These days Mike Daisey is run off his feet.
“I don’t even have time to listen to my voicemail now. That’s a phenomenon I have not experienced before,” he said this weekend with an amazed laugh.
Perhaps he should not be so surprised. In the past two weeks, Daisey has gone from being a gifted, but obscure solo act in the US theater to the public face of a backlash against one of the iconic corporations of the 21st century.
Daisey’s latest work, The Agony and the Ecstasy of Steve Jobs, has triggered off a spasm of soul--searching about the sometimes appalling labor conditions in China under which many of the US’ most cherished products are made. Specifically, the shiny, sleek iPhones, i-Pods and iPads produced by Apple.
The Agony and the Ecstasy was devised after exhaustive research talking to exploited and abused workers in China, for almost 18 months. Daisey played to small but appreciative crowds across the US, winning critical praise, but stirring little trouble, not even with the target of his ire: Apple itself.
However, everything changed last month when a discussion and partial performance of Daisey’s monologue appeared on the National Public Radio show This American Life. It rapidly became the most downloaded episode of the show’s history and an online petition calling for Apple to reform its practices began. Within 48 hours, it attracted 140,000 names. Then the New York Times ran an exhaustive investigation of Apple’s supplier network in China that revealed industrial accidents, brutal working conditions and child labor. Suddenly, Apple’s Chinese supplier network was huge news.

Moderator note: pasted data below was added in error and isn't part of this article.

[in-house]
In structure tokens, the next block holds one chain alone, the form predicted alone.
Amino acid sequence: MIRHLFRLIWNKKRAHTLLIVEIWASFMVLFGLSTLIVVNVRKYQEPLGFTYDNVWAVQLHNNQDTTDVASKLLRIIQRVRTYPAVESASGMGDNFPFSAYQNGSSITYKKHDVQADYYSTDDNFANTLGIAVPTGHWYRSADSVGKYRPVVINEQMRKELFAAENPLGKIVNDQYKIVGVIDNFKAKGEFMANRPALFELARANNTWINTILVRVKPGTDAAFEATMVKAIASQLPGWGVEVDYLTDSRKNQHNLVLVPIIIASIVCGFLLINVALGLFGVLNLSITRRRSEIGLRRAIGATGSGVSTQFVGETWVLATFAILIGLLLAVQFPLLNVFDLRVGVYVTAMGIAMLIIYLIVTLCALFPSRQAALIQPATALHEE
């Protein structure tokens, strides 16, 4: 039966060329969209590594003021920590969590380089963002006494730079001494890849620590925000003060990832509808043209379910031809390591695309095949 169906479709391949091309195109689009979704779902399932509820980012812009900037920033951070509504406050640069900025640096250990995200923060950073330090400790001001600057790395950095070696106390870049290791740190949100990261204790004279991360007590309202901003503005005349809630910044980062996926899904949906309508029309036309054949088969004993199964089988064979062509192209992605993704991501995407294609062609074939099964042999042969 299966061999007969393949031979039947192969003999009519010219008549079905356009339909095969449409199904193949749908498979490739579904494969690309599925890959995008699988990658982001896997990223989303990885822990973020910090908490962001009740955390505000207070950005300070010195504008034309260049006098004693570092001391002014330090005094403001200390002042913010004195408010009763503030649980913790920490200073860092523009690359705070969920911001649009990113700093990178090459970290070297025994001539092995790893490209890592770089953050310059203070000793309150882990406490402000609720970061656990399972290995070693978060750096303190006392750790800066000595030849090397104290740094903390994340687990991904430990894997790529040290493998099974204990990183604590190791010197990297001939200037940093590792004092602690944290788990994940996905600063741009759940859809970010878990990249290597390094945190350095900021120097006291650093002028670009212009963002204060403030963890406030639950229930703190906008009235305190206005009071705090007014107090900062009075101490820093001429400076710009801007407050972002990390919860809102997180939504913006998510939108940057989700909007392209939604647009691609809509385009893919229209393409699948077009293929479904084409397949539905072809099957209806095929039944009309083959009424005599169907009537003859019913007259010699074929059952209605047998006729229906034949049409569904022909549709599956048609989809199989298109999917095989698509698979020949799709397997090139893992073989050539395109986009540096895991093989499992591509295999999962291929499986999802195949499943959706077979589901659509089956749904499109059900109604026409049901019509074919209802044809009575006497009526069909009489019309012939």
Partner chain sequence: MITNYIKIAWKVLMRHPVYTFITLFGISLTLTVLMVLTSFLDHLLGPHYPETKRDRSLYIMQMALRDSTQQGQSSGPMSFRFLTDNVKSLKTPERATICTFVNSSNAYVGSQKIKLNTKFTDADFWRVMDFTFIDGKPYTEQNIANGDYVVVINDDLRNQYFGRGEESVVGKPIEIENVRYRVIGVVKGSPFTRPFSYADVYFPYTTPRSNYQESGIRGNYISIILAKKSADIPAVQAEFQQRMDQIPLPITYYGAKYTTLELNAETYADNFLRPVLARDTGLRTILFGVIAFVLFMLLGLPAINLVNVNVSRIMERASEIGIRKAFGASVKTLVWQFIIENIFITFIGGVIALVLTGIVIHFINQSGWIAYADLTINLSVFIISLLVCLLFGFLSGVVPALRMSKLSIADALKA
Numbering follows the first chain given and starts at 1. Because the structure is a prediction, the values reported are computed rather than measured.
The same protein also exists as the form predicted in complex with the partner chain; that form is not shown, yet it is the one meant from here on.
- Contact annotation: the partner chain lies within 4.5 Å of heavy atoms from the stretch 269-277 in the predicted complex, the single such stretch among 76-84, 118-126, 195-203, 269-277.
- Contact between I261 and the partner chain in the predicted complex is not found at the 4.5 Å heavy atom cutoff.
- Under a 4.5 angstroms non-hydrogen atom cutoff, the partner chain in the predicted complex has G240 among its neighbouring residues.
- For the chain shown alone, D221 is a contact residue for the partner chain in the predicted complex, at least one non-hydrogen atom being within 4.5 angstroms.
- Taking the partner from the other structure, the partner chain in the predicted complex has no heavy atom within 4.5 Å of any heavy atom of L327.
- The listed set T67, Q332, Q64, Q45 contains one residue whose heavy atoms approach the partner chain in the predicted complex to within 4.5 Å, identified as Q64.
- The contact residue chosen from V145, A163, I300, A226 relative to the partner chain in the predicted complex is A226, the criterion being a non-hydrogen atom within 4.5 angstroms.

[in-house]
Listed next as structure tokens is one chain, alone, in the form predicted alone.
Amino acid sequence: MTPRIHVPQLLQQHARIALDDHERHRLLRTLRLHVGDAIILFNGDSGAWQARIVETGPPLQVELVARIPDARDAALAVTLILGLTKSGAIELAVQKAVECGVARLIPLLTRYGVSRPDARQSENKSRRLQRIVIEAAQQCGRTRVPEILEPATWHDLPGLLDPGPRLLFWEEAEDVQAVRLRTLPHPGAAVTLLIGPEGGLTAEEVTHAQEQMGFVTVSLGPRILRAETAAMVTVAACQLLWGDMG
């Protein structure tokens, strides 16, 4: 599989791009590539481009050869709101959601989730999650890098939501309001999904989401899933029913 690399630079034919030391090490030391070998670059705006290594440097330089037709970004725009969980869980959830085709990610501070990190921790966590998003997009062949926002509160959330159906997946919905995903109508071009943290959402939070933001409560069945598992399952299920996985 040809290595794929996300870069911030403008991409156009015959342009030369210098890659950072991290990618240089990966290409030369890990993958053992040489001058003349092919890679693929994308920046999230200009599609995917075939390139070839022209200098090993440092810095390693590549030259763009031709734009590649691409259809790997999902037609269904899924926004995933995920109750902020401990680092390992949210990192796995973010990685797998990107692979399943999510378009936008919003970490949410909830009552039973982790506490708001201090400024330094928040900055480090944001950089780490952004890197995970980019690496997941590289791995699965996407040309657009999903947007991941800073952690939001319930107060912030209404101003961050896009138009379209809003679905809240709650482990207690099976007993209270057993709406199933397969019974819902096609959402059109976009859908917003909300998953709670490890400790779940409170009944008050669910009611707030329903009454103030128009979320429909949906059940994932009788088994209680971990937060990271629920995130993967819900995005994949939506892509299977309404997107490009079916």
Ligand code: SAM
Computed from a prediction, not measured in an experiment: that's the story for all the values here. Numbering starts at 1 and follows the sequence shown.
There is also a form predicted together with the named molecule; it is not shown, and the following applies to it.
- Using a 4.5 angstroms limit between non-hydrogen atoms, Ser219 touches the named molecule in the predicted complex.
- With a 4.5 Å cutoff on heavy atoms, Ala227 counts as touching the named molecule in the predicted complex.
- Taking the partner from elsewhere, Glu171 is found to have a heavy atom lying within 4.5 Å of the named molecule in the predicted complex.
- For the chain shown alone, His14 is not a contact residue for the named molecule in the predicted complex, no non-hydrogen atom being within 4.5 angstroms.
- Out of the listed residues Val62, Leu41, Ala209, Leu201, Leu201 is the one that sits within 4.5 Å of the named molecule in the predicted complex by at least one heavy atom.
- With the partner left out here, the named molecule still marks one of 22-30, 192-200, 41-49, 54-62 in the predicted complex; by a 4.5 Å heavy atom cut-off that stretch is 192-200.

Daisey is a man in intense demand. He has appearances lined up on CNN and other TV shows.
On his blog, he has been updating the story regularly and fending off criticism from Apple’s defenders, including comedian Stephen Fry and Forbes columnist Tim Worstall. Daisey is delighted, but exhausted, having been up until 5am the previous night composing a response to a public attack from Worstall.
“I am tired, but I am encouraged to see traction. The only way you can fight for a thing like this is when you know the truth is on your side,” he said. “It’s the first time maybe in a generation that the American theater has affected change.”
The play’s premise is simple enough. It blends Daisey’s own backstory as a nerdy geek who loved — and continues to love — Apple products with the story of how Jobs ran the company with a mix of tyranny and genius before he died last year.
However, it then heads into dark territory as Daisey recounts how he became obsessed with photographs that emerged from inside the giant Foxconn factory in which many Apple products are made.
His fascination with how his beloved gadgets were built ends up with a subversive trip to southern China and interviews with ordinary workers who describe the physically and mentally crippling conditions in which many toil.
On the trip, Daisey was stunned that he, as a playwright, was the one digging up the truth.
“I wanted journalists to tell the story. I am a monologuist and it’s not the same thing, but I had to act as a journalist,” he said.
Daisey is scathing about many of the journalists who cover Apple. He recites the story of one tech journalist who agreed to appear on a panel with him only to be contacted by Apple and warned off doing so.